Where to keep things?
It’s ironic that in an age when it is so easy to generate media, we have a real issue with media permanence. Phones have largely displaced cameras and video recorders as means of storing memories, and indeed they are capable of very high quality in simple terms – my current phone takes pictures with a higher resolution than any digital camera I have had, and also records HD videos. There are plenty of options for displaying media – we have used various companies to create photobooks, for example, and other people have digital picture frames. However, it takes much more discipline to get the media off the phone and onto somewhere that they can be enjoyed, even by the photographer, let alone anybody else.
There’s also the problem of how permanent the medium is. The fact that we don’t all remember Betamax and LaserDiscs is a warning to us. It’s all very well converting photos into JPEG and LPs into MP3 files – but what if in three years’ time, I’ve lost the disk they are stored on? Or in five years’ time, nobody even reads that file format any more?
This issue exists with traditional media as well. Part of the motivation for setting up the service that we offer was consciousness of the fact that, too often, when the sad time comes to clear a house, it will reach the stage where it is easier to toss stuff into a skip than it is to spend time processing it, or space storing it. On the CJK Digital facebook page are scans of some old postcards, once part of a fairly substantial collection, which had simply been dropped off at a second hand bookshop. Most won’t get even that far.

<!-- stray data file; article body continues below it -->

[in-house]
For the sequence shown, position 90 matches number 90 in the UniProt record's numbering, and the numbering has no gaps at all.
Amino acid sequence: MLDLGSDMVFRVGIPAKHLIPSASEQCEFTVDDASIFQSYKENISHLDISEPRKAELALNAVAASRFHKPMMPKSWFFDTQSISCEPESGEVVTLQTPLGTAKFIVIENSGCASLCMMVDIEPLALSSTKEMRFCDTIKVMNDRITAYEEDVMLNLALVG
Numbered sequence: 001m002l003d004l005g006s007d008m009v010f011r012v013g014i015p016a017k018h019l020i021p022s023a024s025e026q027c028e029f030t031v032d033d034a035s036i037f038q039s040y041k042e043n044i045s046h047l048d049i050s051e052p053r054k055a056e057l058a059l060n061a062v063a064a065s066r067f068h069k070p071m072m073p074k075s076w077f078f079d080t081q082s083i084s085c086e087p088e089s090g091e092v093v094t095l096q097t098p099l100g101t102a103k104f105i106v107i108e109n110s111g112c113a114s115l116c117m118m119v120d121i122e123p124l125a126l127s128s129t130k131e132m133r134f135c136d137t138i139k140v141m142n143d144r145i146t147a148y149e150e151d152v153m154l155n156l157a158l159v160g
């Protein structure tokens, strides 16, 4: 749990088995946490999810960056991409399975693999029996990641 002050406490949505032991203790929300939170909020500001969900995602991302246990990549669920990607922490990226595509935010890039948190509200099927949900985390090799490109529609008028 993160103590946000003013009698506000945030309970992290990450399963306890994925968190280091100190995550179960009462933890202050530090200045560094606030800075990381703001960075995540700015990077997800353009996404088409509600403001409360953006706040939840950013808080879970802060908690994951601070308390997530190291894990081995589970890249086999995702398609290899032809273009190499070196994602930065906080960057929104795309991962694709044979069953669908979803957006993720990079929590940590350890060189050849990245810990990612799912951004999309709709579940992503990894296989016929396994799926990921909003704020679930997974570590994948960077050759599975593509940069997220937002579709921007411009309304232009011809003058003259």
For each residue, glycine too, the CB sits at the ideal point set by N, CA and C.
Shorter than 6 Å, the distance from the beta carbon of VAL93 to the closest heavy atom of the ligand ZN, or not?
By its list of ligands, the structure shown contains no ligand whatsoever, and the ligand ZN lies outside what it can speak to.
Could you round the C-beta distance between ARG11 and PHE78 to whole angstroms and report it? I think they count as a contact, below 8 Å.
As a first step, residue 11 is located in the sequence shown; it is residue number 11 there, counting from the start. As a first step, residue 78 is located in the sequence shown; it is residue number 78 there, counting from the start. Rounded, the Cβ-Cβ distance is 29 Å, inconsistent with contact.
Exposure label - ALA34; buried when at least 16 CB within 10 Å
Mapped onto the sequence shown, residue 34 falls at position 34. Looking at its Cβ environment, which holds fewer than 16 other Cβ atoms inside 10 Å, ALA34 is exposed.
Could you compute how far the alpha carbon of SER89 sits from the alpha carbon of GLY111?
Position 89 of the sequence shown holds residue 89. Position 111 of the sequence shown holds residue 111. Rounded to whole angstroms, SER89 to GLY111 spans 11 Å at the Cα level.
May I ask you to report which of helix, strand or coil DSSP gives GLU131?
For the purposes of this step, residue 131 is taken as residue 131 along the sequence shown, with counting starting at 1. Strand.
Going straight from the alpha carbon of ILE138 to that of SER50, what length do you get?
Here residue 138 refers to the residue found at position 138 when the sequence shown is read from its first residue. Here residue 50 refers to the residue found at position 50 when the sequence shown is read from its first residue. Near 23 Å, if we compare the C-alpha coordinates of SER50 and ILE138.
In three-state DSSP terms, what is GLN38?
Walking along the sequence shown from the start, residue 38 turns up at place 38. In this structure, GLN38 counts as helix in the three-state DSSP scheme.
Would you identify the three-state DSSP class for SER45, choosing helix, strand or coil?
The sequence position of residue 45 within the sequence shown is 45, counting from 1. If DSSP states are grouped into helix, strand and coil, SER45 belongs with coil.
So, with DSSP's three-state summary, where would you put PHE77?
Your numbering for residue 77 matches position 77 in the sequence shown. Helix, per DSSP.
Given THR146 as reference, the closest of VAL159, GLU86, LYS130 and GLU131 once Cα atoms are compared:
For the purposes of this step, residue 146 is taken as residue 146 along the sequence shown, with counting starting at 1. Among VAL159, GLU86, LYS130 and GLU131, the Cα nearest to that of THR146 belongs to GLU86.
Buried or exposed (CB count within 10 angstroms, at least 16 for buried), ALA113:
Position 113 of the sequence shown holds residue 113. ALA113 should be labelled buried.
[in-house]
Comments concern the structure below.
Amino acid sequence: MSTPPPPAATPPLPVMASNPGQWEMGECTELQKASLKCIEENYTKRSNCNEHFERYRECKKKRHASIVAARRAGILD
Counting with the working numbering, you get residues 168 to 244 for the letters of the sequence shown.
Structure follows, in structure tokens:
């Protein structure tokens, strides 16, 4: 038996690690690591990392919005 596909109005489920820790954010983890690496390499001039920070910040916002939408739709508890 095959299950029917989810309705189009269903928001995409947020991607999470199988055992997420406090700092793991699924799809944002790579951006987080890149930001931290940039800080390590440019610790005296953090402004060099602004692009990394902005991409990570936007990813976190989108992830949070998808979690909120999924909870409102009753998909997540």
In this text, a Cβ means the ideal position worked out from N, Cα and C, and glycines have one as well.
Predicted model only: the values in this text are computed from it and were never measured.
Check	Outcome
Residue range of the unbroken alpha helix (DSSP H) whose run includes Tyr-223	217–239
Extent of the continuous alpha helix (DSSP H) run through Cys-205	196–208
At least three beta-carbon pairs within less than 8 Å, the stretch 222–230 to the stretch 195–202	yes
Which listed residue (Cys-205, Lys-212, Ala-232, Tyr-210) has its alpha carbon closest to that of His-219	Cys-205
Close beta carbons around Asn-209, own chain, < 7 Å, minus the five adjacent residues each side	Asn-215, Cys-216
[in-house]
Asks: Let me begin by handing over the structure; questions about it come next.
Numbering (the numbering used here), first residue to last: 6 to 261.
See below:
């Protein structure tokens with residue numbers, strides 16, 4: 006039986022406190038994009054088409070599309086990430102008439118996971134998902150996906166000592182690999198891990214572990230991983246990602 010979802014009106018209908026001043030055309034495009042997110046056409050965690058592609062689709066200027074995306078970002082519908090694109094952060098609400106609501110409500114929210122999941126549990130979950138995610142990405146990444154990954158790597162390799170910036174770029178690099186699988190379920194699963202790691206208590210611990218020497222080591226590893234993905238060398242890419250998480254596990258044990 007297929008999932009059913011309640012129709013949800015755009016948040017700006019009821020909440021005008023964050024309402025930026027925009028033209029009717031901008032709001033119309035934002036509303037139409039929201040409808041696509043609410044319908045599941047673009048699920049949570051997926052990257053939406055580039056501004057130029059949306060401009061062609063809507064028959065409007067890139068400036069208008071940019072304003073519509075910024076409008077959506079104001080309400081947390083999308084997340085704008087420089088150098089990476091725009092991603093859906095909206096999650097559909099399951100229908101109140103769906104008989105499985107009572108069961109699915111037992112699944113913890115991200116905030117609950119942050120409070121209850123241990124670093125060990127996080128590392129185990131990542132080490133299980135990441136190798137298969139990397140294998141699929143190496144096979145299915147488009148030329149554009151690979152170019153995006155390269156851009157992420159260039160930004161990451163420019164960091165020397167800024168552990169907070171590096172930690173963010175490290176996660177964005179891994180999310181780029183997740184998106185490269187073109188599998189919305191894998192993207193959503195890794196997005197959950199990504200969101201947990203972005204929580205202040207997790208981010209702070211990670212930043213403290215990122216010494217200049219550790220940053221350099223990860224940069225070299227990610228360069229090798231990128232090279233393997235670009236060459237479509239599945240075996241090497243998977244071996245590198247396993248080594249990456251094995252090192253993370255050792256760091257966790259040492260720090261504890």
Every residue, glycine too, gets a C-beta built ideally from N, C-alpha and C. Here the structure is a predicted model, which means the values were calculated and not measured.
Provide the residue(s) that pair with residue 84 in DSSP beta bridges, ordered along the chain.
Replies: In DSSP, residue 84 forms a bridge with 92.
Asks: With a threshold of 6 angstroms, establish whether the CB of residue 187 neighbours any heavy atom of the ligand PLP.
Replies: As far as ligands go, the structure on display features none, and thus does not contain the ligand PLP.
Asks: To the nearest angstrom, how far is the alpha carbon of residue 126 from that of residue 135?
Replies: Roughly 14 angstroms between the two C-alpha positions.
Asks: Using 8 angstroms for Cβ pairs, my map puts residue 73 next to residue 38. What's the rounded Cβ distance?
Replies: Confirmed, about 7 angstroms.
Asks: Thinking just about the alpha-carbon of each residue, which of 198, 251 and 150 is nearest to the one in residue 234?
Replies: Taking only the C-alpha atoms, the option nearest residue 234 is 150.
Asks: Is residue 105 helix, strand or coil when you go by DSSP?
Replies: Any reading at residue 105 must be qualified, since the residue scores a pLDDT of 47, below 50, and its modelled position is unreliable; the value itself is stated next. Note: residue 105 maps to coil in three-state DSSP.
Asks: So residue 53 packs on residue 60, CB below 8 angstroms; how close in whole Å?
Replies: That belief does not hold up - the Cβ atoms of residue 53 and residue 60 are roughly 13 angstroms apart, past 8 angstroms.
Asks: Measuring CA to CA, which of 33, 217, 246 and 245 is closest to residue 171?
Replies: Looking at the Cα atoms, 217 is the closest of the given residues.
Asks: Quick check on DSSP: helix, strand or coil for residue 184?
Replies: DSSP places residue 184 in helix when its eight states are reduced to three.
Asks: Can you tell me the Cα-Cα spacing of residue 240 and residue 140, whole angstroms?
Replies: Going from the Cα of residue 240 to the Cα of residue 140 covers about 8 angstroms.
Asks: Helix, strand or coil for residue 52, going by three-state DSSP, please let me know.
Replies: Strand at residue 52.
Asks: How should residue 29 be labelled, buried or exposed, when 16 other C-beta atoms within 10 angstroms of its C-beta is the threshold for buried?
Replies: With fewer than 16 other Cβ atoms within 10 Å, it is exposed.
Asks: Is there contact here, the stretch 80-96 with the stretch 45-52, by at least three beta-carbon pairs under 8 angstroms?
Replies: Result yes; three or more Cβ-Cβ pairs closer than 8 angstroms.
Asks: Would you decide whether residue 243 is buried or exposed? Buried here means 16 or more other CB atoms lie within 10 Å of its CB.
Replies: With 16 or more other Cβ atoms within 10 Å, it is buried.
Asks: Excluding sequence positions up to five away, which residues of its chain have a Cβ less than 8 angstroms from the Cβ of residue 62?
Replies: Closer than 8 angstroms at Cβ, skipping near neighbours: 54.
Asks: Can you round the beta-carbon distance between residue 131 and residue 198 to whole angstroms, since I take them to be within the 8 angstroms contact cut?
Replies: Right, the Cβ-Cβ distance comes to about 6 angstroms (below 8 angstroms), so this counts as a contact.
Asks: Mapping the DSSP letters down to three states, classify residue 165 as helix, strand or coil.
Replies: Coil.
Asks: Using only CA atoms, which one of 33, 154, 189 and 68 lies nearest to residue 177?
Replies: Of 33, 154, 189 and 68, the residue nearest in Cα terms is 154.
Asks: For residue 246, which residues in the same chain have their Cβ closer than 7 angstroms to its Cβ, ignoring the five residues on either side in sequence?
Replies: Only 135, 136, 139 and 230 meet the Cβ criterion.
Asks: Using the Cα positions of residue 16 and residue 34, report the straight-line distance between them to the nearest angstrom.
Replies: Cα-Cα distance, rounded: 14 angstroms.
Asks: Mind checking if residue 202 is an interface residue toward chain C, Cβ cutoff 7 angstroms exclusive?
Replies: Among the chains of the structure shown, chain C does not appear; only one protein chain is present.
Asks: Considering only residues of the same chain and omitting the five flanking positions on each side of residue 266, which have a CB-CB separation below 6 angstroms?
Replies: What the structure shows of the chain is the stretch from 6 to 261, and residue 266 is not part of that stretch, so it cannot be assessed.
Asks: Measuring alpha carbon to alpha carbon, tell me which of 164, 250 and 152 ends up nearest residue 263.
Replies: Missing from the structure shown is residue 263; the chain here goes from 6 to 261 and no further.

The file format may be an issue – although certain formats are now so ubiquitous it’s hard to imagine that they will ever be unreadable. The issue of where to store stuff is bigger, though. CDs/DVDs are one option: estimates for their longevity suggest of the order of 100 years. Cloud storage – uploading them to a company that keeps them online for you – is another. There are privacy risks, but the fact that a company is basically undertaking to keep them secure, providing their own backup service and protection against things like fire and theft, is probably as secure as it can get.
There are various providers, most of whom will charge for anything more than a limited service. One option that is particularly interesting, especially if you already have Amazon Prime, is Amazon’s Cloud Drive. Included in the price is the ability to store any number of photos. In addition to a desktop application, there are phone apps, which permit you to echo photos straight to your storage.